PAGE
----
According to sources at Compaq Computer, the company will soon announce that Windows 2000 is coming back to the 64-bit Alpha microprocessor platform it abandoned last August. In a dramatic and sudden move on August 20, 1999, Compaq announced that it was dropping support for Microsoft's 32-bit version of Windows 2000 on its Alpha platform. But the company said that it would support the 64-bit version of Windows 2000 (Windows 2000/64, code-named "Janus"), which was then being designed for the Intel Itanium (Merced) and the Alpha. But days later, an angry Microsoft responded to the Compaq announcement with one of its own: Due to lack of support for the 32-bit version of Windows 2000, Microsoft said, it was also canceling Windows 2000/64 on Alpha. And with that move, Windows 2000 became an Intel-only OS.

It wasn't supposed to be that way. When Microsoft was initially developing Windows NT, the predecessor to Windows 2000, OS architect Dave Cutler ensured that the product would work on a variety of platforms by first building NT on RISC chips from MIPS. This prevented NT's developers from taking the easy way out on Intel by hard coding in Intel-specific assembly code that might have made the product perform better at the expense of cross-platform compatibility. Eventually, Windows NT was made available on a variety of platforms, including Intel, MIPS, Alpha, and PowerPC.

But by the time Windows 2000 (nee NT 5.0) came around, the MIPS and PowerPC versions were dead. And during the entire development of Windows 2000, Alpha builds were completed side-by-side with their Intel counterparts. The oddly timed Compaq announcement--made just weeks before the release of Release Candidate 2 (RC2), 23 months into the OS' development--brought plans for a dual platform release to a close. But Microsoft's 64-bit team--led by Cutler--kept building Win2K on Alpha because they had yet to get working Itanium prototypes and Alpha was the only viable 64-bit system then in existence. And work on the Alpha version of Win2K actually continued after the Intel version of the product was completed, I'm told.

The return to Windows 2000, if true, was the result of a palace coup of sorts within Compaq. Sources explained that CEO Michael Capellas never wanted the company to back off from its Windows 2000/Alpha plans, despite poor sales. Capellas, apparently heartened by the departure of Enrico Pesatori, who had architected the decision to abandon Windows 2000 in the first place, has reportedly worked closely with Microsoft to ensure that its premier operating system is finally released for the Alpha. "It's a done deal," I was told Wednesday morning. "Capellas wants Windows 2000 on Alpha and he regrets that Compaq ever cancelled those plans." But there is some confusion about which version of Windows 2000 that will be ported to the Alpha. My current understanding is that it will be Windows 2000/64, not the 32-bit version that was in progress last year. It's hoped that adding Windows 2000 support will help step the slowing momentum of the Alpha, which has had to rely on Compaq UNIX and Linux for new sales. The market for these products, however, is small and Compaq will need a mass market OS such as Windows to accelerate growth.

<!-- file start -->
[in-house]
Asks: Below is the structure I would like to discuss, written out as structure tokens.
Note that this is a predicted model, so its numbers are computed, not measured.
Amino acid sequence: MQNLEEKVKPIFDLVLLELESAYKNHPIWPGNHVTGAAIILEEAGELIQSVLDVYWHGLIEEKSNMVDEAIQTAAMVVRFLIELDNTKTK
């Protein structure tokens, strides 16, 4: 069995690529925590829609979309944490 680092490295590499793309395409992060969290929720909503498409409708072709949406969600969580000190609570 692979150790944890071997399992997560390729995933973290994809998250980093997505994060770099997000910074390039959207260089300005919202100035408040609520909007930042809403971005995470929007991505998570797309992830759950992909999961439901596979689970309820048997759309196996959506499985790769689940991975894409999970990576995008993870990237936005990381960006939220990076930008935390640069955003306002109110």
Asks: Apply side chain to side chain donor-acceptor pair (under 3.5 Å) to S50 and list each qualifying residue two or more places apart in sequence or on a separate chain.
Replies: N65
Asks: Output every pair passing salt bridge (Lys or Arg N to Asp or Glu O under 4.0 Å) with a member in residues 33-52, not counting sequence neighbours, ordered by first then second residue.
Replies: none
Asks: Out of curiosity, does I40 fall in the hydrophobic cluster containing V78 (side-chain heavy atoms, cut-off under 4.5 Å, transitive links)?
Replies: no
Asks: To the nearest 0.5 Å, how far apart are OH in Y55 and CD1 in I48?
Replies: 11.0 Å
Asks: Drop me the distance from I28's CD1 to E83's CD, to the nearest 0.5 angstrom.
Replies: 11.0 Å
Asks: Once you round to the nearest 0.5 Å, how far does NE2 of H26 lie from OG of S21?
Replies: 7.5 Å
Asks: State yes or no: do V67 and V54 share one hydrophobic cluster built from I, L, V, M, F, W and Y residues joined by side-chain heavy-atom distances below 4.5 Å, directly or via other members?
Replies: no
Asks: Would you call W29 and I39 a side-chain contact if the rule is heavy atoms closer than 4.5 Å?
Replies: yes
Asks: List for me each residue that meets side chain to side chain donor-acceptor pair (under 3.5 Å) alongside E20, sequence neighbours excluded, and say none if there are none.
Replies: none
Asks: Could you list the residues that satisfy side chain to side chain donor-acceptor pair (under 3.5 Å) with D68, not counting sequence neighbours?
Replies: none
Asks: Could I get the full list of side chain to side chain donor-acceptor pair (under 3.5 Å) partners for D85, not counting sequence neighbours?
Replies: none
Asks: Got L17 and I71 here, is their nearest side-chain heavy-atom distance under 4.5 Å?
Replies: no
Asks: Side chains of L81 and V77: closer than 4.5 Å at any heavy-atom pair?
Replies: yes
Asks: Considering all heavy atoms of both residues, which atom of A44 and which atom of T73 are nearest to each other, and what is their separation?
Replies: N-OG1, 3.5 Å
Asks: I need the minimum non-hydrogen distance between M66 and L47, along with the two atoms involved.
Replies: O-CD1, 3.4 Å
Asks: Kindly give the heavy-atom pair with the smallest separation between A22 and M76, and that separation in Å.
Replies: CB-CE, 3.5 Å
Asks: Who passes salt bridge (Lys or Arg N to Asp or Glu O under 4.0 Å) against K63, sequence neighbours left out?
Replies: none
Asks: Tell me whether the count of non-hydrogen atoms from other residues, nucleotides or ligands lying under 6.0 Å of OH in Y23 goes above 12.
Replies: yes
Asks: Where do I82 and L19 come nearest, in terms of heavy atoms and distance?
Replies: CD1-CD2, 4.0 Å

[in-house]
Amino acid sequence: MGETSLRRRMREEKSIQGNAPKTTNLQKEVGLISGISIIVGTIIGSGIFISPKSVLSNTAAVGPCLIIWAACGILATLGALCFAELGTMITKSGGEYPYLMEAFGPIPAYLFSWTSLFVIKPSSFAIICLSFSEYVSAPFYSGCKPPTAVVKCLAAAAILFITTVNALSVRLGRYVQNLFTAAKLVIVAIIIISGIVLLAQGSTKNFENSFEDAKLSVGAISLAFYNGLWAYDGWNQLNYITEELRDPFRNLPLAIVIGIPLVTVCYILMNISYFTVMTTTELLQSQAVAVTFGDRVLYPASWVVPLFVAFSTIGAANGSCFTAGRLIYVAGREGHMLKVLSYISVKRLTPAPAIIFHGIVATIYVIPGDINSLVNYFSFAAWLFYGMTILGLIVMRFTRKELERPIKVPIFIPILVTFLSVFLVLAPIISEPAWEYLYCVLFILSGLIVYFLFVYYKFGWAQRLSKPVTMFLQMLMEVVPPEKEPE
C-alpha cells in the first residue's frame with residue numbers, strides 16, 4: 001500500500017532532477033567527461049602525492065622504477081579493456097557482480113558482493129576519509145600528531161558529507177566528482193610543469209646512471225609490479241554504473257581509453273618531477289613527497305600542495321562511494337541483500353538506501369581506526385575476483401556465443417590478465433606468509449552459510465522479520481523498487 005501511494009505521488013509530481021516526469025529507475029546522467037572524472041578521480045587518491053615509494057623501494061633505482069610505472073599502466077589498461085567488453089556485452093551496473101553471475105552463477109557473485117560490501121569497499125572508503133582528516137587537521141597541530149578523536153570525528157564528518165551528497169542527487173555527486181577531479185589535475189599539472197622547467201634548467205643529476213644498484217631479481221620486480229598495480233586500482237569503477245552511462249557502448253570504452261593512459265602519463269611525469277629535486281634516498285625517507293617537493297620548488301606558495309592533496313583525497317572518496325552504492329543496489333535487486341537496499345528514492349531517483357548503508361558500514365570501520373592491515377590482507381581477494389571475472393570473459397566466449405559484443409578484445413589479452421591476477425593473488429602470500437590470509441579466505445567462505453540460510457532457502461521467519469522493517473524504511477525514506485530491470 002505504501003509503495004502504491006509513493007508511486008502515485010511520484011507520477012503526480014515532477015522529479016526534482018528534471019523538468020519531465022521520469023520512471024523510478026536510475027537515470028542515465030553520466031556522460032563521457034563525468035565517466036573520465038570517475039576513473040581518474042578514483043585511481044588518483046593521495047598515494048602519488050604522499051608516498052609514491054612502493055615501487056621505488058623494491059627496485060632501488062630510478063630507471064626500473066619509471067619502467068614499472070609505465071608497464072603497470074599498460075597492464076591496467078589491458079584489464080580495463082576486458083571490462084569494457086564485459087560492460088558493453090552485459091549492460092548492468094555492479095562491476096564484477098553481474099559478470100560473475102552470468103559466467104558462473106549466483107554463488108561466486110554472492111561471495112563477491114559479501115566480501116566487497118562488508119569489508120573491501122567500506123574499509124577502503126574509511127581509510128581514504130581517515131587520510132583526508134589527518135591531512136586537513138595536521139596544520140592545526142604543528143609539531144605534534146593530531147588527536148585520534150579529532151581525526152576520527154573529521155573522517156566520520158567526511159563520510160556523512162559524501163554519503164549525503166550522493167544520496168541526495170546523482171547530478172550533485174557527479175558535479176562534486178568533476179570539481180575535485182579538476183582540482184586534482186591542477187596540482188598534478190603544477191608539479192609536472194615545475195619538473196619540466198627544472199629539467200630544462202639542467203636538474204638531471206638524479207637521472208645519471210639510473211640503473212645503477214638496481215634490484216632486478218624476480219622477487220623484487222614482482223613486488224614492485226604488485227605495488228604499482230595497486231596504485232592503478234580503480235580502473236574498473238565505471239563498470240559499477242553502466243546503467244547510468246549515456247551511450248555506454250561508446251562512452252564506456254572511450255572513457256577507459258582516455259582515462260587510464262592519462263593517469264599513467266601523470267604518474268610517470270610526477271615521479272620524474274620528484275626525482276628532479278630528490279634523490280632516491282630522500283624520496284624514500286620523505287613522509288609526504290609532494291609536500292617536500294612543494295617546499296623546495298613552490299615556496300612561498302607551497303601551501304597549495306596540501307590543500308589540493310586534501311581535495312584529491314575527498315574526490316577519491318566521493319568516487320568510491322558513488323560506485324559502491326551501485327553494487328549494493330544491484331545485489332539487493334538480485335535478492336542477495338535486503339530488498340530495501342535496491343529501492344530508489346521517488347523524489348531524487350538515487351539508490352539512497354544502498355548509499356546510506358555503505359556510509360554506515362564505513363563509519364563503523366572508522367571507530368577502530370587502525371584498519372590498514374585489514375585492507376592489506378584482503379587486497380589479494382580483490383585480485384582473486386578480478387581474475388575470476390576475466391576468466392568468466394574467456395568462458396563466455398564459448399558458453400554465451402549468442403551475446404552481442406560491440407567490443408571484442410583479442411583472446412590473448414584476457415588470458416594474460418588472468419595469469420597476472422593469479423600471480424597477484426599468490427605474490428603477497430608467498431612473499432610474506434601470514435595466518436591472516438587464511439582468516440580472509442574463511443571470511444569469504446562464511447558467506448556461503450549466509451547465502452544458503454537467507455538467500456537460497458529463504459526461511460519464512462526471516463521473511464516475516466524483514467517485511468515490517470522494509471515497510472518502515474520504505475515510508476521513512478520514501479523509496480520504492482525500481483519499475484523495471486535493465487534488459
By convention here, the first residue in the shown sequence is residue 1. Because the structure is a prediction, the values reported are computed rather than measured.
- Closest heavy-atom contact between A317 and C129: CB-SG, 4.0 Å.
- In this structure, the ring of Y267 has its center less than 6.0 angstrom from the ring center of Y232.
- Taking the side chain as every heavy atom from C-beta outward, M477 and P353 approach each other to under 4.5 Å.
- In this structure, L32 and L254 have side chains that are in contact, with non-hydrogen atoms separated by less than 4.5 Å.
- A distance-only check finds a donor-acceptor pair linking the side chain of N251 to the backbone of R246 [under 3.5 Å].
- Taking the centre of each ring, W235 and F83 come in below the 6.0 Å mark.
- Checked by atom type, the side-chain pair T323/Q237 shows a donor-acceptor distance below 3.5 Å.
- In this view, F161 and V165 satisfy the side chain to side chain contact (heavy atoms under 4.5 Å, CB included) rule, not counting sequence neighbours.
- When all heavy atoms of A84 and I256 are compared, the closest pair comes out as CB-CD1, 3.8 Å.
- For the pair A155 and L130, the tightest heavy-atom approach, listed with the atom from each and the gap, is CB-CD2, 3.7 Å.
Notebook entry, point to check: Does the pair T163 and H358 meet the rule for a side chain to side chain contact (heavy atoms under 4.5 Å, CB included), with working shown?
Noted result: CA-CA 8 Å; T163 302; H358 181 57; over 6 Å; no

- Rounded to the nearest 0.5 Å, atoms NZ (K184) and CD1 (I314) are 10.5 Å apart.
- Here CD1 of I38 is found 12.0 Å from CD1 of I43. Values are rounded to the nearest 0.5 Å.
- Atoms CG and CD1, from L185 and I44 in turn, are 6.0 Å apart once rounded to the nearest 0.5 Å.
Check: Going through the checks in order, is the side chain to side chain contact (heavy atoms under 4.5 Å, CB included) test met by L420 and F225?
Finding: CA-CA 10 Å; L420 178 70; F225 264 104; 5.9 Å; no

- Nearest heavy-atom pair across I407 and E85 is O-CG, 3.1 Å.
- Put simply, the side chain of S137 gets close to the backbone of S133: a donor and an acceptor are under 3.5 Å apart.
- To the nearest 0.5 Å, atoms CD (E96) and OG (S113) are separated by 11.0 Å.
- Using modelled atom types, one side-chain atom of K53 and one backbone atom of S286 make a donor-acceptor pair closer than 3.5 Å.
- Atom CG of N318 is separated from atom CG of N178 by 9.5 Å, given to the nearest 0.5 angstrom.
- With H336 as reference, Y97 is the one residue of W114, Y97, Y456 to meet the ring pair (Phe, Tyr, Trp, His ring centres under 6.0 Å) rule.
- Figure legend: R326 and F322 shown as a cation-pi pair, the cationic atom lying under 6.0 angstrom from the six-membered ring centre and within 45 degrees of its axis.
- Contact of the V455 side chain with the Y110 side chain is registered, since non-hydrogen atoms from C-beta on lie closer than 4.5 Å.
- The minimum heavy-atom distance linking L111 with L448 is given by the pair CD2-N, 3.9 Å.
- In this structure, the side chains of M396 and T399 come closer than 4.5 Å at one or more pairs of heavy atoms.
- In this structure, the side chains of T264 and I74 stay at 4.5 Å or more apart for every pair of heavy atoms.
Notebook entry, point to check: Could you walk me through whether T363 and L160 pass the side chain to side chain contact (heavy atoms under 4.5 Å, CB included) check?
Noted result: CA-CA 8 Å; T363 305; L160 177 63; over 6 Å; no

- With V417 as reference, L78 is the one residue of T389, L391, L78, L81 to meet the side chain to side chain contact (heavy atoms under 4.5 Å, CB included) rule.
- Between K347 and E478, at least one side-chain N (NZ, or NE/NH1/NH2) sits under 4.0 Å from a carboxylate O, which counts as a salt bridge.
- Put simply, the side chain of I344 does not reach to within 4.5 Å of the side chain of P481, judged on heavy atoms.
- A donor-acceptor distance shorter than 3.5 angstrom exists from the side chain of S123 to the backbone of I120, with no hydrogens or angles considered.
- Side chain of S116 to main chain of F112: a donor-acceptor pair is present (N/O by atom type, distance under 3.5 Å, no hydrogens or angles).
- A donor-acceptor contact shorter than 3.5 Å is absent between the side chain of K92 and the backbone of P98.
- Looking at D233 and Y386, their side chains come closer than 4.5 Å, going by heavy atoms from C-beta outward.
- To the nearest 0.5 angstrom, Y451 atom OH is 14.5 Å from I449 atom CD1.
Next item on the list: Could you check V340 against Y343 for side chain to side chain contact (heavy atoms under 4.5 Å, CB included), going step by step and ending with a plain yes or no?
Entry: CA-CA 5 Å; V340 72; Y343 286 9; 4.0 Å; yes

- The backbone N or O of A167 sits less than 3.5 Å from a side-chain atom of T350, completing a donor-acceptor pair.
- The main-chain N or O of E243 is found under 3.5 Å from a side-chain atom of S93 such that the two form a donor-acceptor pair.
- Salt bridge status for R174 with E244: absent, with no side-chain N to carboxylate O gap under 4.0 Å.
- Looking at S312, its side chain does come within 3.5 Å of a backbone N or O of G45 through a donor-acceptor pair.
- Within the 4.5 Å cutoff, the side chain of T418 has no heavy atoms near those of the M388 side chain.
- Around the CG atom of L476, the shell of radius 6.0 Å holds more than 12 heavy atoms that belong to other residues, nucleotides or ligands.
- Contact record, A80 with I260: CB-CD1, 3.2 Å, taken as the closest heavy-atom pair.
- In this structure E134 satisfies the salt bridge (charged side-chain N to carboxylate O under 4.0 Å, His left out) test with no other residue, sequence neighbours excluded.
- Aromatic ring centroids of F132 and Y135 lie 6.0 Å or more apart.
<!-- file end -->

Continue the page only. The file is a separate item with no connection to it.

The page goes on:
Also up in the air are 64-bit versions of the Microsoft Servers products, such as SQL Server and Exchange Server. While the existence of such products is unknown, one might assume that they would be ported as well, since the platform would be severely hampered without them and Microsoft is building 64-bit Intel versions as well.

UPDATE: Compaq has apparently denied that any work is being done on Windows 2000/64 for the Alpha. Read more.